Finding a website rich in data is a dream for a quantitative-oriented person. In my recent article about Texas 2036, I wrote that the organization’s mission is “to enable Texans to make policy decisions through accessible data, long-term planning and state-wide engagement.” I reviewed the Texas 2036 site further and found a number of interesting data reports.
In Monday’s Inside Higher Ed, Nic Ducoff (co-founder of Edmit) penned an opinion piece questioning the approach of some organizations that have attempted to calculate the ROI of college. Mr. Ducoff writes that most approaches include cost and earnings, but how those variables are determined impacts the result and how the result is presented to prospective students impacts the influence it will have on their decision making. I could not agree more.
Campus Technology magazine published an article last week entitled “25 Ed Tech Predictions for 2021.” In this article, Dian Schaffhauser solicited various opinions from education and industry leaders for trend opinions and comments.
Burning Glass Technologies, a data analytics company that matches labor data with institutional degree data, published a white paper this week entitled Bad Bets: The High Cost of Failing Programs in Higher Education. The data team at Burning Glass accessed Integrated Postsecondary Education Data System (IPEDS) data searching for institutions that offered new degree programs in 2012-2013 and 2013-2014.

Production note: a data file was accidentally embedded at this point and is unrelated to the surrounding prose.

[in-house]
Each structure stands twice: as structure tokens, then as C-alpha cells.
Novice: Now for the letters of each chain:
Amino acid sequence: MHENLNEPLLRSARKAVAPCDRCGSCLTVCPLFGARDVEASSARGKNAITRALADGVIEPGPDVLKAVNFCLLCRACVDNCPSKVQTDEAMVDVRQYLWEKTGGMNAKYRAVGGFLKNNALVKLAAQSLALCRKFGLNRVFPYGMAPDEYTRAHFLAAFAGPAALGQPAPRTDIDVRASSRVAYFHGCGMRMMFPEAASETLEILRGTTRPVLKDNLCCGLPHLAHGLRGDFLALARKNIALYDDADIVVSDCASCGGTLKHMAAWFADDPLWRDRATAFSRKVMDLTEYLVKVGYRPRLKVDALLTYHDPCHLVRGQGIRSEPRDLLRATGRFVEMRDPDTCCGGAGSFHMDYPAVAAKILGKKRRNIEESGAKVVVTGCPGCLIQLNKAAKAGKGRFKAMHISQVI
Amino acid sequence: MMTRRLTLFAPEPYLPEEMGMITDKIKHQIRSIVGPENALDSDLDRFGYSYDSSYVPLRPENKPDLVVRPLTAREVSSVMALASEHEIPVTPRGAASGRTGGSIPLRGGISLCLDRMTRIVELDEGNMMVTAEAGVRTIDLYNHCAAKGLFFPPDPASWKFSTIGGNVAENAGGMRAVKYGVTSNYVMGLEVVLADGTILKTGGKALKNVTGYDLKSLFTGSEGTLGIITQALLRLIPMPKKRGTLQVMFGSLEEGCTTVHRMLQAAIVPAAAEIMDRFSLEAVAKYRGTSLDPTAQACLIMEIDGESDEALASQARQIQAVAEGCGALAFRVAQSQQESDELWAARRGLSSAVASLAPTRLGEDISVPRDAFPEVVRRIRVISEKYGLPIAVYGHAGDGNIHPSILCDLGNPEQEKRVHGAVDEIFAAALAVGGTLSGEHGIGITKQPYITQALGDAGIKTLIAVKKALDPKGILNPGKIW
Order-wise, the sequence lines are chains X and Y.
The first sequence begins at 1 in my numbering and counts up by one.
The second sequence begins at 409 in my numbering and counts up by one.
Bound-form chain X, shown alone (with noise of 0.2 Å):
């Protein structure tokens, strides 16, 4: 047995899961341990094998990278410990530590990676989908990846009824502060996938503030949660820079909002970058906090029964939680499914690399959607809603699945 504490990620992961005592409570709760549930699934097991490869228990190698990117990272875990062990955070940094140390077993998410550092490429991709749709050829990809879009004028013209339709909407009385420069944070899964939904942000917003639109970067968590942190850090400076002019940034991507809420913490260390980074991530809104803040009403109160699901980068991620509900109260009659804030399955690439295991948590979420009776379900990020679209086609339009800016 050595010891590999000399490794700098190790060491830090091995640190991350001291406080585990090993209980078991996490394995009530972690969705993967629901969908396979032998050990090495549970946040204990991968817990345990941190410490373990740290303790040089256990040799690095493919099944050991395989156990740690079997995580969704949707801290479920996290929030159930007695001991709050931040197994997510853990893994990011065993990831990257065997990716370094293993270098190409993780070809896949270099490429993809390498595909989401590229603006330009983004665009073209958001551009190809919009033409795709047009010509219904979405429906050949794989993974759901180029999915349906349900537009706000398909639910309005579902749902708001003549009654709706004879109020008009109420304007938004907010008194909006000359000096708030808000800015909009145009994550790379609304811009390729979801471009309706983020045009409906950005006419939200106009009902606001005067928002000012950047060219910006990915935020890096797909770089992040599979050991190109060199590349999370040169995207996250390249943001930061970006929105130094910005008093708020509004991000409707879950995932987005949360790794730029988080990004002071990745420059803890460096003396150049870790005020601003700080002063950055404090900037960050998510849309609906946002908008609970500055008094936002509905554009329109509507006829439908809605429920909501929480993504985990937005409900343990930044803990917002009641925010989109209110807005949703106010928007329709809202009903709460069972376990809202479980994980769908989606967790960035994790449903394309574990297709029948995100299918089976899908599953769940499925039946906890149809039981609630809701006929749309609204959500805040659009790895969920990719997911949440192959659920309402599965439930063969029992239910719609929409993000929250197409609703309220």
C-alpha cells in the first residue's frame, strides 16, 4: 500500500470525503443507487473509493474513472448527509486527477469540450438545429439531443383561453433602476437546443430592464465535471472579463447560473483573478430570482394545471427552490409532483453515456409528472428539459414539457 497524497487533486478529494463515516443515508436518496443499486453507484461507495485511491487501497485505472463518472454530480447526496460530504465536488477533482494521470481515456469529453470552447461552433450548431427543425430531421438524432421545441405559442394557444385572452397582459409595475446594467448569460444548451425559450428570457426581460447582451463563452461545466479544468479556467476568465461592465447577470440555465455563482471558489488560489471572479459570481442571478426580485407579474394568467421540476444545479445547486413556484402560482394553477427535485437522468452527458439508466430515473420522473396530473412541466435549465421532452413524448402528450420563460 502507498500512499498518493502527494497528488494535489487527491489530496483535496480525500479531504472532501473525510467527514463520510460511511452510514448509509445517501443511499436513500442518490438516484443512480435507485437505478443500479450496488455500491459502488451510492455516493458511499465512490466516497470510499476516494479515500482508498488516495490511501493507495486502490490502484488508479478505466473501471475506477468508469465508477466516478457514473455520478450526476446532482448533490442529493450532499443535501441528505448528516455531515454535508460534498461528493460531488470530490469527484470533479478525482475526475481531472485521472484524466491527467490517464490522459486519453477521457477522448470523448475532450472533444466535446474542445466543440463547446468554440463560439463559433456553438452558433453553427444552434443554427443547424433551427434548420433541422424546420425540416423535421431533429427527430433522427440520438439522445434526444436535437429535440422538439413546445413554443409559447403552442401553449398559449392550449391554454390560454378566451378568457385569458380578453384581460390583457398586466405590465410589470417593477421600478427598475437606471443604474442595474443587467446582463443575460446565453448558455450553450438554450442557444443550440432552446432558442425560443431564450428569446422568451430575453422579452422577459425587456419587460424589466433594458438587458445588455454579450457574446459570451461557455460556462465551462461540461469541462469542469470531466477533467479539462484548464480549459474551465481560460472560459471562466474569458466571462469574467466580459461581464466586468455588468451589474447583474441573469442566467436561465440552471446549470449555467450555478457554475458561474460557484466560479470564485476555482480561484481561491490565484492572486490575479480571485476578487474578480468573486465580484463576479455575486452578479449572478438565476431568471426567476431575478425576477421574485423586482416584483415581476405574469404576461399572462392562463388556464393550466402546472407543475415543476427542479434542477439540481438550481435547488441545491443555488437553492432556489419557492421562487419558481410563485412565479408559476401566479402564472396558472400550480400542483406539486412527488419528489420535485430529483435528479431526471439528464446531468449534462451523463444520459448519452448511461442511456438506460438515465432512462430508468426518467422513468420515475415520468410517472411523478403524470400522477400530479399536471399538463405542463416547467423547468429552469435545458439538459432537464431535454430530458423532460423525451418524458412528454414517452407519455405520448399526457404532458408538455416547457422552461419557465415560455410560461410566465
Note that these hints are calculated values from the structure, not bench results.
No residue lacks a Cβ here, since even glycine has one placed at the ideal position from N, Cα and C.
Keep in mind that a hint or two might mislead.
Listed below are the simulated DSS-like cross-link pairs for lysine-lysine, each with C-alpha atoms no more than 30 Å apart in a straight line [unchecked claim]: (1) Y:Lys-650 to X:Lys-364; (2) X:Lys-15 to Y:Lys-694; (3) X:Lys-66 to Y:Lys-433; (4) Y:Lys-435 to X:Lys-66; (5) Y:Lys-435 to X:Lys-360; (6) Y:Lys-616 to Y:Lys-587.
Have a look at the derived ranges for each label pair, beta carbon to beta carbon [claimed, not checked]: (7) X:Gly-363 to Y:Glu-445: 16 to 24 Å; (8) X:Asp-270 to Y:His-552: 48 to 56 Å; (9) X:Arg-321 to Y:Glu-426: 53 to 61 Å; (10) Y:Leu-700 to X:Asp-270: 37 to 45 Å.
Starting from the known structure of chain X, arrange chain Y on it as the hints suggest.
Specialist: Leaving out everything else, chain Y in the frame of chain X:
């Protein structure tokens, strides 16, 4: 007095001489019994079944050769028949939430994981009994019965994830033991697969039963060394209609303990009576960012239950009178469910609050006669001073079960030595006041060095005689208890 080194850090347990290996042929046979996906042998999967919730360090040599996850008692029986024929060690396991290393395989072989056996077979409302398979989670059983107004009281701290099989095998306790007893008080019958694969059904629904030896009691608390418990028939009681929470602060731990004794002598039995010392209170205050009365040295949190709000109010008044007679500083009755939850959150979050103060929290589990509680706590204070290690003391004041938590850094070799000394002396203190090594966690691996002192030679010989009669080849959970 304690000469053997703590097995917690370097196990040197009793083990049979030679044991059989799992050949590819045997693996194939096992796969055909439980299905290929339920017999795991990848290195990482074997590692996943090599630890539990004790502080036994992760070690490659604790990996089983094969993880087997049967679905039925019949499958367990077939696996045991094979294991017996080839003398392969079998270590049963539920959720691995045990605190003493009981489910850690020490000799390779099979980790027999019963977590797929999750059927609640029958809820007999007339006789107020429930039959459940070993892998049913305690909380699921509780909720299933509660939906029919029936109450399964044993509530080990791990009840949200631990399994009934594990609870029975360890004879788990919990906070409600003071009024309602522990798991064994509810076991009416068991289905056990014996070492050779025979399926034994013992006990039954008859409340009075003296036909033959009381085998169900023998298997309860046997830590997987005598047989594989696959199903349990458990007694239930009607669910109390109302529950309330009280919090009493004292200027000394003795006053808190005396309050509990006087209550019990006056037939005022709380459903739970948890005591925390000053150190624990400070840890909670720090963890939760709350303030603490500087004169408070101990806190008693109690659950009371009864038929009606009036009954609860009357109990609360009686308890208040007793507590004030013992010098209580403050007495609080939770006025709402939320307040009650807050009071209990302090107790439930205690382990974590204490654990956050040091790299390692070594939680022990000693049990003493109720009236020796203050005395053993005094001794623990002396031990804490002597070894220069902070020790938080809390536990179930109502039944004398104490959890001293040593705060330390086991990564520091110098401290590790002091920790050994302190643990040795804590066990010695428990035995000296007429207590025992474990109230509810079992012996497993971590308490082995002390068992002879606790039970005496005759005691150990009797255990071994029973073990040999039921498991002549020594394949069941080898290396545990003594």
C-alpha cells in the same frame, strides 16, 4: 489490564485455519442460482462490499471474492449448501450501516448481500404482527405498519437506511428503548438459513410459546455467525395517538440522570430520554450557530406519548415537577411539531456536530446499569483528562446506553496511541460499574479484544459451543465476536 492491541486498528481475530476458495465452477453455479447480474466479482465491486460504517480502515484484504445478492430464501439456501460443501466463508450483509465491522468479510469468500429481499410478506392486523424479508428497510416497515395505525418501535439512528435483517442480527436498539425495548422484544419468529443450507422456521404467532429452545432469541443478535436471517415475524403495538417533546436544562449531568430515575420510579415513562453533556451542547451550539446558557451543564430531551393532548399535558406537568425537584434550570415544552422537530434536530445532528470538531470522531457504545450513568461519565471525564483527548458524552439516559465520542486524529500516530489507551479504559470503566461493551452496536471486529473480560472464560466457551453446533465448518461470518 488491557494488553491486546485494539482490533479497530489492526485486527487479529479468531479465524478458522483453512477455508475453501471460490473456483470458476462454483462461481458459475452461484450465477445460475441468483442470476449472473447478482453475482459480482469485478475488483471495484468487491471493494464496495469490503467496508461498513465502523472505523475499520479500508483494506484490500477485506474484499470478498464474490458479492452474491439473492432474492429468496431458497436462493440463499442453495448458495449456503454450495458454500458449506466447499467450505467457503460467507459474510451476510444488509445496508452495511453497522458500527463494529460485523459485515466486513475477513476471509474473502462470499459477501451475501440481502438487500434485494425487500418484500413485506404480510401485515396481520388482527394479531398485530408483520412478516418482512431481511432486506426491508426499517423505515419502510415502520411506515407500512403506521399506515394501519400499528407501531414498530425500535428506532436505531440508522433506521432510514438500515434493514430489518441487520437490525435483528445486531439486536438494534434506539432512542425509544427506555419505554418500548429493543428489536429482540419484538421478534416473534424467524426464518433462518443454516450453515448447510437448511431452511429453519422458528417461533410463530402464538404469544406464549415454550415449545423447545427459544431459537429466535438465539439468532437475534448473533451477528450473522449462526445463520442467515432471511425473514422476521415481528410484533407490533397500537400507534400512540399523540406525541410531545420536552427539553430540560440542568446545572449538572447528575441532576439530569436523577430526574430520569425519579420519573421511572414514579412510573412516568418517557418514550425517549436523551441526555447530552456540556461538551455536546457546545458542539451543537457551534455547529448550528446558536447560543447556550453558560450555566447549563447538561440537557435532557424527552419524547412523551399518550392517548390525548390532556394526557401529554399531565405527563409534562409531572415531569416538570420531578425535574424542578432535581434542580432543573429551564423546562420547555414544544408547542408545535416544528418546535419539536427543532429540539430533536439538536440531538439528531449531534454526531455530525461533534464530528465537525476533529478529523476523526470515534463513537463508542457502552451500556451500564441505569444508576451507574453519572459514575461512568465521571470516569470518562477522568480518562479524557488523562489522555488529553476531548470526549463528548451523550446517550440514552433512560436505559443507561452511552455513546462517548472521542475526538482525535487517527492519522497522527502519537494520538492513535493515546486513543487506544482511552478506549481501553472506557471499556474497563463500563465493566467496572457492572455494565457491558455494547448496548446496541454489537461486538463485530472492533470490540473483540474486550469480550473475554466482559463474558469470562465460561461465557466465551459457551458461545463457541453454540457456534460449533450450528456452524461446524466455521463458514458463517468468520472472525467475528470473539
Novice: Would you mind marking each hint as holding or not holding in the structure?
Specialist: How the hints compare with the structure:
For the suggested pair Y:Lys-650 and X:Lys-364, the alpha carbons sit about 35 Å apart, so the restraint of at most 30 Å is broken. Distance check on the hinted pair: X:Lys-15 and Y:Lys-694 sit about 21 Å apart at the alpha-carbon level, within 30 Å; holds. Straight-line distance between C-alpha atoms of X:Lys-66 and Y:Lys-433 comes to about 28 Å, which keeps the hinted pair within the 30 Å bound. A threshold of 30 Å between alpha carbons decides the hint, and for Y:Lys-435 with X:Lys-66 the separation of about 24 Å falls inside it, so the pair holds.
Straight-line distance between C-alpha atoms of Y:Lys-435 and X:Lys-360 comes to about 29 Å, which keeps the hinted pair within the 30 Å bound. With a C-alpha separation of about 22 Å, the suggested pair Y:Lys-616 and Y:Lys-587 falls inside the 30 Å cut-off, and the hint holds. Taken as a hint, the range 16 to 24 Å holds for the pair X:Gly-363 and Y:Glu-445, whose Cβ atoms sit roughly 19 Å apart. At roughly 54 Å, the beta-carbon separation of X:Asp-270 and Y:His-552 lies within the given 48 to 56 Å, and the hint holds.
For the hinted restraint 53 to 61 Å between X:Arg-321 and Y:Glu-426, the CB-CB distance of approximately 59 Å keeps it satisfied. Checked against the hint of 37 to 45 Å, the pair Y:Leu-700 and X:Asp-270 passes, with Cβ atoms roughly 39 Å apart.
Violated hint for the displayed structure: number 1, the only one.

When I read a short blurb about the latest book authored by Lumina CEO Jamie Merisotis, Human Work in the Age of Smart Machines, I was skeptical that anyone would be able to make an argument that the number of jobs will increase as artificial intelligence (AI) continues to be embraced by more and more companies. After reading and rereading Human Work, I continue to be a skeptic, but I am more of a believer in the methodology proposed by Mr. Merisotis.
In a recently issued paper, co-authors Karen Singer-Freeman and Christine Robinson report the results of their project to identify the grand challenges for assessment in higher education.
Dr. Robert Kelchen, an associate professor at Seton Hall University and an expert on financial aid, was commissioned to write an article about using earning metrics for accountability for Higher Learning Advocates, a bipartisan higher education advocacy group.
In the recent issue of Washington Monthly, Kevin Carey recommends a different policy architecture for American higher education. He writes that the best time to build it is now.
It’s my guess that EDUCAUSE researchers Susan Grajek and Christopher Brooks purposely listed External Competition as the fourth Grand Challenge for higher education institutions to rise to overcome through a digital transformation. Understanding that the requirements for a digital transformation require digitization and digitalization as the first four steps is not enough, as they point out.